Tuesday, November 25, 2014

But Saw, What Light Through Yonder Window Breaks

Year: 2009
Director: Kevin Greutert
Cast: Tobin Bell, Costas Mandylor, Mark Rolston
Run Time: 1 hour 30 minutes
MPAA Rating: R

We're past the point of no return. After this post, there's only one movie left in my marathon of the infamous Saw series. Luckily by this point, the films have established a baseline of "competent but dreary," largely accomplished by keeping crew duties in the family. Seeing as our director this time around is yet another longtime friend of the franchise, editor Kevin Greutert, it would be quite reasonable to assume that Saw VI might be in the same vein as its cohorts.

As it turns out, Saw VI is even better than the baseline. In fact, it's the best film in the franchise since Saw II. Don't take that to mean it isn't pretty darn bad, but it's like finding a Fresca in the middle of a cooler full of Club Soda. I'll take what I can get with the Saw movies.

Now that I'm thinking about it, I don't recall there being an actual saw in the franchise since day one.  It must be the work of those wicked hardware lobbyists.

We pick up almost exactly where the last film left off (after an entirely unrelated and gratuitously grisly trap, as per tradition) - Agent Strahm (Scott Patterson) is crushed to death by a shrinking room as Jigsaw's new protégé Detective Hoffman (Costas Mandylor) laboriously lowers himself into the ground in a box filled with broken glass, smug as a bug. Saw V, everyone.

The next scene is the biggest twist in the entire franchise. You might want to listen to this song while you read the next sentence in order to be adequately prepared for the supreme level of twisting that is about to happen to your mind. Alright, are you ready? The scene that follows is entirely based on character development. For perhaps the first time in six films, a moment plays that isn't coated in grime as we visit Will Easton (Peter Outerbridge) in his fancy high rise office.

Will is the owner of a corrupt health insurance company and employer of the Dog Pit, a team of six highly trained individuals who look for discrepancies in insurance forms and find reasons to terminate contracts with sick patients. While we learn about Will, his work, and his life, the film acquires a slick, bright aesthetic that - for a single shining moment - allows us to forget that we're watching a Saw movie.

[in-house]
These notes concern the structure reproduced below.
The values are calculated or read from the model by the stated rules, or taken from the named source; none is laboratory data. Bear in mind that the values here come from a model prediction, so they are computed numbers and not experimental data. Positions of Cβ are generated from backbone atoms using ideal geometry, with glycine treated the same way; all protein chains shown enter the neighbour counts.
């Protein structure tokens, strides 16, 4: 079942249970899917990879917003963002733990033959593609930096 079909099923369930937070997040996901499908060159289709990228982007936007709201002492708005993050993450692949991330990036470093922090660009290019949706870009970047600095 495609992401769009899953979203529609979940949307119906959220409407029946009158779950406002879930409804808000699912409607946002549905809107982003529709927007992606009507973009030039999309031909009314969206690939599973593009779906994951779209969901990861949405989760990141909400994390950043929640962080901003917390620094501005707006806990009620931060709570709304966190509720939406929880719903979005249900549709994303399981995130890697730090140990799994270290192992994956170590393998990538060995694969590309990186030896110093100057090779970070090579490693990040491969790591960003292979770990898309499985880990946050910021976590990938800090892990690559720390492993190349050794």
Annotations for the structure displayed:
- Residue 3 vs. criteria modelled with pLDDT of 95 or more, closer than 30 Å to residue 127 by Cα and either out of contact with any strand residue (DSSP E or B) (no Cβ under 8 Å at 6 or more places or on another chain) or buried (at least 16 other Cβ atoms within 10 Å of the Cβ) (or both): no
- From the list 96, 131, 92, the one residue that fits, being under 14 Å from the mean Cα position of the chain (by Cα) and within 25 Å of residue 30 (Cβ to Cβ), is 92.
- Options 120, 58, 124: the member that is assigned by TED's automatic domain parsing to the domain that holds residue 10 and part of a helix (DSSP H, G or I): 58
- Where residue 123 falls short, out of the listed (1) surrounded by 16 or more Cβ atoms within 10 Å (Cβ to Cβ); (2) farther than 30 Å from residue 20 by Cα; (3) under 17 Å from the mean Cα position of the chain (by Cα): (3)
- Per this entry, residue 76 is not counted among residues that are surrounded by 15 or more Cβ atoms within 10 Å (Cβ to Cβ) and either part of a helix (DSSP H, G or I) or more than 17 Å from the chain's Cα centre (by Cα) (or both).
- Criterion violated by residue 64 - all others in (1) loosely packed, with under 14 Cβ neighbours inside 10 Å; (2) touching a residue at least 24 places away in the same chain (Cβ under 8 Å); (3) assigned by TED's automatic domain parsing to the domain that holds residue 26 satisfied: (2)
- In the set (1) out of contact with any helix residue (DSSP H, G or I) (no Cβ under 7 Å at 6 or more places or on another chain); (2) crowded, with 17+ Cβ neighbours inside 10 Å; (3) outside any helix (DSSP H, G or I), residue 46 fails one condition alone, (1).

What a gift. We should write thank you letters to Mr. Greutert.

So anyway, traps. The more the merrier, and because there's already been five consecutive movies to one-up, the more there are. Will is abducted and put through a gauntlet of four traps that viscerally depict how the choices he has made with his company have great impact on human lives. A mother (Shauna MacDonald) and her douchey son (Devon Bostick) - who has only two types of lines in the film, either "Acid Facts" or "The F Word." - are trapped in a cage with a vat of hydrofluoric acid above them. And Pamela (Samantha Lemole), a journalist, is trapped in a cage with a video monitor overseeing the other traps. So... That's something. It kinda reminds me of my Saturday nights, actually, what with all the Saw films I've been zipping through lately.

While all this mess is going on, Hoffman works with Agent Erickson (Mark Rolston) and the secretly not dead Agent Perez (Athena Karkanis), attempting to prevent them from discovering his true identity and feeding them clues that Strahm may have been perpetrating the killings. And he has flashbacks to when Amanda (Shawnee Smith) was still alive because why not. Also Jigsaw's ex-wife Jill (Betsy Russell) pops in from time to time to be ambiguously evil and remind us that - for all the bad acting and stilted line deliveries Mandylor and Co. bring to the table, things could be much, much worse.

Seen here in a brief moment of repose before attending the Unskilled Performers Association Convention & Yuletide Ball.

For once, the film has enough good elements in its production to counteract the blistering inanity of the script. Alas, that script thing will never change - although it's commendable that Saw writing duties have only been shared by about four people and change throughout the entire process. With such uniform work behind the camera, the stories may have wooden dialogue and incomprehensible twists, but at least they have consistent internal logic and characters.